Hilary Mantel was as interested in the life in the churchyard as the life in the street, and she could tease it out like few writers I have encountered. (Even in writing about her work I feel my sentences elongating, can sense that I am rummaging around in my impressions to see what else they contain.)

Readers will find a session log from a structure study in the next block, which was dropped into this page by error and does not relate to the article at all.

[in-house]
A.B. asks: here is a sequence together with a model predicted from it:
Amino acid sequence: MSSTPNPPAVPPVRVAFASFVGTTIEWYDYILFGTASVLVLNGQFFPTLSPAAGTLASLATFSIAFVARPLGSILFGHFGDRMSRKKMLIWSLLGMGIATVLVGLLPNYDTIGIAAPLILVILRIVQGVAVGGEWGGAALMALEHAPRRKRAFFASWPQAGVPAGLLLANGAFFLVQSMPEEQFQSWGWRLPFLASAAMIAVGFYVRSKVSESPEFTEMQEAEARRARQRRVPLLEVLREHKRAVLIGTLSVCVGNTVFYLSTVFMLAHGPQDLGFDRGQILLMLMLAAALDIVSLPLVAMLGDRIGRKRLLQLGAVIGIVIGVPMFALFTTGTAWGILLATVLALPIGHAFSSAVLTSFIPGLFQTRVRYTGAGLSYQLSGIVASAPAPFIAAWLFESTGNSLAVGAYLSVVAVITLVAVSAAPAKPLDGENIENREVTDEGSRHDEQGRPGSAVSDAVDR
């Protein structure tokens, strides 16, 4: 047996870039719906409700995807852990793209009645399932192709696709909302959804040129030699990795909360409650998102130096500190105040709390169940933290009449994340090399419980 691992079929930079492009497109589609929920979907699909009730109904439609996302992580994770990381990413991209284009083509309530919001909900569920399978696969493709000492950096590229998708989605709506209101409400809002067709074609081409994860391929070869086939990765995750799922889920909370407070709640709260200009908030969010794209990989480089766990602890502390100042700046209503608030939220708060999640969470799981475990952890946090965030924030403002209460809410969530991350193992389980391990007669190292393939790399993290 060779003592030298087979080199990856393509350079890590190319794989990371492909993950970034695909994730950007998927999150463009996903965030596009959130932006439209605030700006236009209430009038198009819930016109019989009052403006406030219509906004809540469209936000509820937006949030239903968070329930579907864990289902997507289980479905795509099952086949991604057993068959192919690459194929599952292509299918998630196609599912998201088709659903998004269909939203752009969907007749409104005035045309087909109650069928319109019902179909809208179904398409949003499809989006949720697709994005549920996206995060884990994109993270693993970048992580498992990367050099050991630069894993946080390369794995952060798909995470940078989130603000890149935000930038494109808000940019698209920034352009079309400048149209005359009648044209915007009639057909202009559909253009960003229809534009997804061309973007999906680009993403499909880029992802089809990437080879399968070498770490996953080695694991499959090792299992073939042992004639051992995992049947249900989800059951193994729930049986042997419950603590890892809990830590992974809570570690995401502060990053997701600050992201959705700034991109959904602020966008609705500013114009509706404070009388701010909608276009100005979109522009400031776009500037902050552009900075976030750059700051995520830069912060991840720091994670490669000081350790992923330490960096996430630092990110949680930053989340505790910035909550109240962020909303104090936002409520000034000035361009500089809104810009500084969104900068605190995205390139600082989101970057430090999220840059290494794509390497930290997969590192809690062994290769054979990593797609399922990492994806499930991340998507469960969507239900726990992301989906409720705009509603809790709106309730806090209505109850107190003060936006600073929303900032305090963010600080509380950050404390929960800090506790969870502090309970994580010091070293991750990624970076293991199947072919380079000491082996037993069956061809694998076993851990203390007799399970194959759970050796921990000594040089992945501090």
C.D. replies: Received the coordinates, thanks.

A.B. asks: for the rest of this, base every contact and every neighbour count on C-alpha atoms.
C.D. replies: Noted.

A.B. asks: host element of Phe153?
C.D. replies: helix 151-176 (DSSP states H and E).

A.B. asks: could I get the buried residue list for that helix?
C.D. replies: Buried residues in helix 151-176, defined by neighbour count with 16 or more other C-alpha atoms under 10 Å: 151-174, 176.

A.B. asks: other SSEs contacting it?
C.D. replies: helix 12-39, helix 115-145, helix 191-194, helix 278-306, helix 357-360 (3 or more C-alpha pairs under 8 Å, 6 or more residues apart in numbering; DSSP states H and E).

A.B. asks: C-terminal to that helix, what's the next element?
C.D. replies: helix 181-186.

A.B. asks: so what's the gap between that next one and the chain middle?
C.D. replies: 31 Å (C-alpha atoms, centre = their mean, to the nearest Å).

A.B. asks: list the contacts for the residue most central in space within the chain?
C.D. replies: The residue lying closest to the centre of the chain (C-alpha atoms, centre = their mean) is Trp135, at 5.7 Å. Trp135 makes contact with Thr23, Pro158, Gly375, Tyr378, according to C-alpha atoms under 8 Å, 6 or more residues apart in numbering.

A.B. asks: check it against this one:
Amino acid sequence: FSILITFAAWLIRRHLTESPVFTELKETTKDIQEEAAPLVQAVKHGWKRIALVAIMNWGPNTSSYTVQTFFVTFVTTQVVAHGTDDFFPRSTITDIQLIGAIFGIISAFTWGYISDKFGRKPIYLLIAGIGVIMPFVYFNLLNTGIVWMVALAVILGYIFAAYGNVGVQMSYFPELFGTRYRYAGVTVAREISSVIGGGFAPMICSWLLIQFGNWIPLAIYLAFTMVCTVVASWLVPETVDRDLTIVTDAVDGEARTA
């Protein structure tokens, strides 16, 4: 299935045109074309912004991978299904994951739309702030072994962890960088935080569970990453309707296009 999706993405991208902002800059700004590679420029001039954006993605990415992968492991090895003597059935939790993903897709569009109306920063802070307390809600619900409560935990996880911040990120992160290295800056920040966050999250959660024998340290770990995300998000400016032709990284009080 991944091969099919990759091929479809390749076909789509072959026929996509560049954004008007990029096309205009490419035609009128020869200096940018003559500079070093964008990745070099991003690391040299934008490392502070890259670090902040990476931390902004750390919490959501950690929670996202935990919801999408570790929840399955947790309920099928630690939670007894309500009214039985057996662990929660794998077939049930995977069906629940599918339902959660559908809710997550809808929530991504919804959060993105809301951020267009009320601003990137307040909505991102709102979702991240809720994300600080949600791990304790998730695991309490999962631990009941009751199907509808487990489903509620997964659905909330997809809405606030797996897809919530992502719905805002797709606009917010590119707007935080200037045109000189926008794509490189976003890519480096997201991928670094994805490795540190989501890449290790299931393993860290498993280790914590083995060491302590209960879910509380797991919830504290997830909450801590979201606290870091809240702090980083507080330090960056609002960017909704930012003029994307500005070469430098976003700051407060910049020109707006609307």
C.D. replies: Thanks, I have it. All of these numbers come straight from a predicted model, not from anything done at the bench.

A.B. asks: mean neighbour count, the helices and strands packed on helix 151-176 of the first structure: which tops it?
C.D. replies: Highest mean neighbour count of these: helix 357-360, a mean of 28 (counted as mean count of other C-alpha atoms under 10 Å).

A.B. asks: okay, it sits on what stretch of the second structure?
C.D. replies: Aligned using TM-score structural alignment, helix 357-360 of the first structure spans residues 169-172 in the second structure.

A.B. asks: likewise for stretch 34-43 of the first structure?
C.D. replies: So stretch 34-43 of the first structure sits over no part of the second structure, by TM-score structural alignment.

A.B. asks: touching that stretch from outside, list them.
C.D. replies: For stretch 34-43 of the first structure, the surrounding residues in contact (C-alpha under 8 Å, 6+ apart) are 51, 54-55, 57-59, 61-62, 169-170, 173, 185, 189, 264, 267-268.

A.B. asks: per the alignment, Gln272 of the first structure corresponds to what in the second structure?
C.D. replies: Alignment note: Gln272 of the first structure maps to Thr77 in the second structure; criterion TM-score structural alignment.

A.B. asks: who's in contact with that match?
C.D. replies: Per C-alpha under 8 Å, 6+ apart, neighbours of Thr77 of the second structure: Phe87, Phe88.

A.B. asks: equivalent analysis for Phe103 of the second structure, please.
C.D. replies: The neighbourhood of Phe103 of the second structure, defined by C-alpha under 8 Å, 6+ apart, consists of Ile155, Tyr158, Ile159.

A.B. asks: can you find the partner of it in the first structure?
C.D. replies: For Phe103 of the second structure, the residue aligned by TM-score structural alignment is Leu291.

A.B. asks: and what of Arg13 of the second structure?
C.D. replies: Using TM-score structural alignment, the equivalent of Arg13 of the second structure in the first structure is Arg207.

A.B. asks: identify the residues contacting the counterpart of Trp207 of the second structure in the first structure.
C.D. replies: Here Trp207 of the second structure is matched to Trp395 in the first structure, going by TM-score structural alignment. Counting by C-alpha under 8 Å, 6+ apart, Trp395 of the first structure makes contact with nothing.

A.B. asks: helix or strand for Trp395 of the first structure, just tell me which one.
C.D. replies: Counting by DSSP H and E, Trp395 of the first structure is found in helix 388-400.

Of course she was also precise about the historical record. In her short story “A Clean Slate,” about the village of Derwent in Darbyshire where Mantel grew up — a town destroyed to create a reservoir — Mantel’s writer-narrator recalls that when she was a child, “people would tell me AS A FACT that in hot summers, the church spire would rise above the waters, eerie and desolate under the burning sun.” This was not true, she goes on: the church was demolished in 1947. She has a picture of the church in its ruins. But if she were to show this picture to her mother, for instance, who we are meant to infer is one of the people making this claim, “she wouldn’t believe me.… She doesn’t care for evidence. She has her own versions of the past, and her own way of protecting them.” As for the narrator herself, she tells us, “I distrust anecdote. I like to understand history through figures and percentages of these figures, through knowing the price of coal and the price of corn, and the price of a loaf in Paris on the day the Bastille fell. I like to be free, so far as I can, from the tyranny of interpretation.”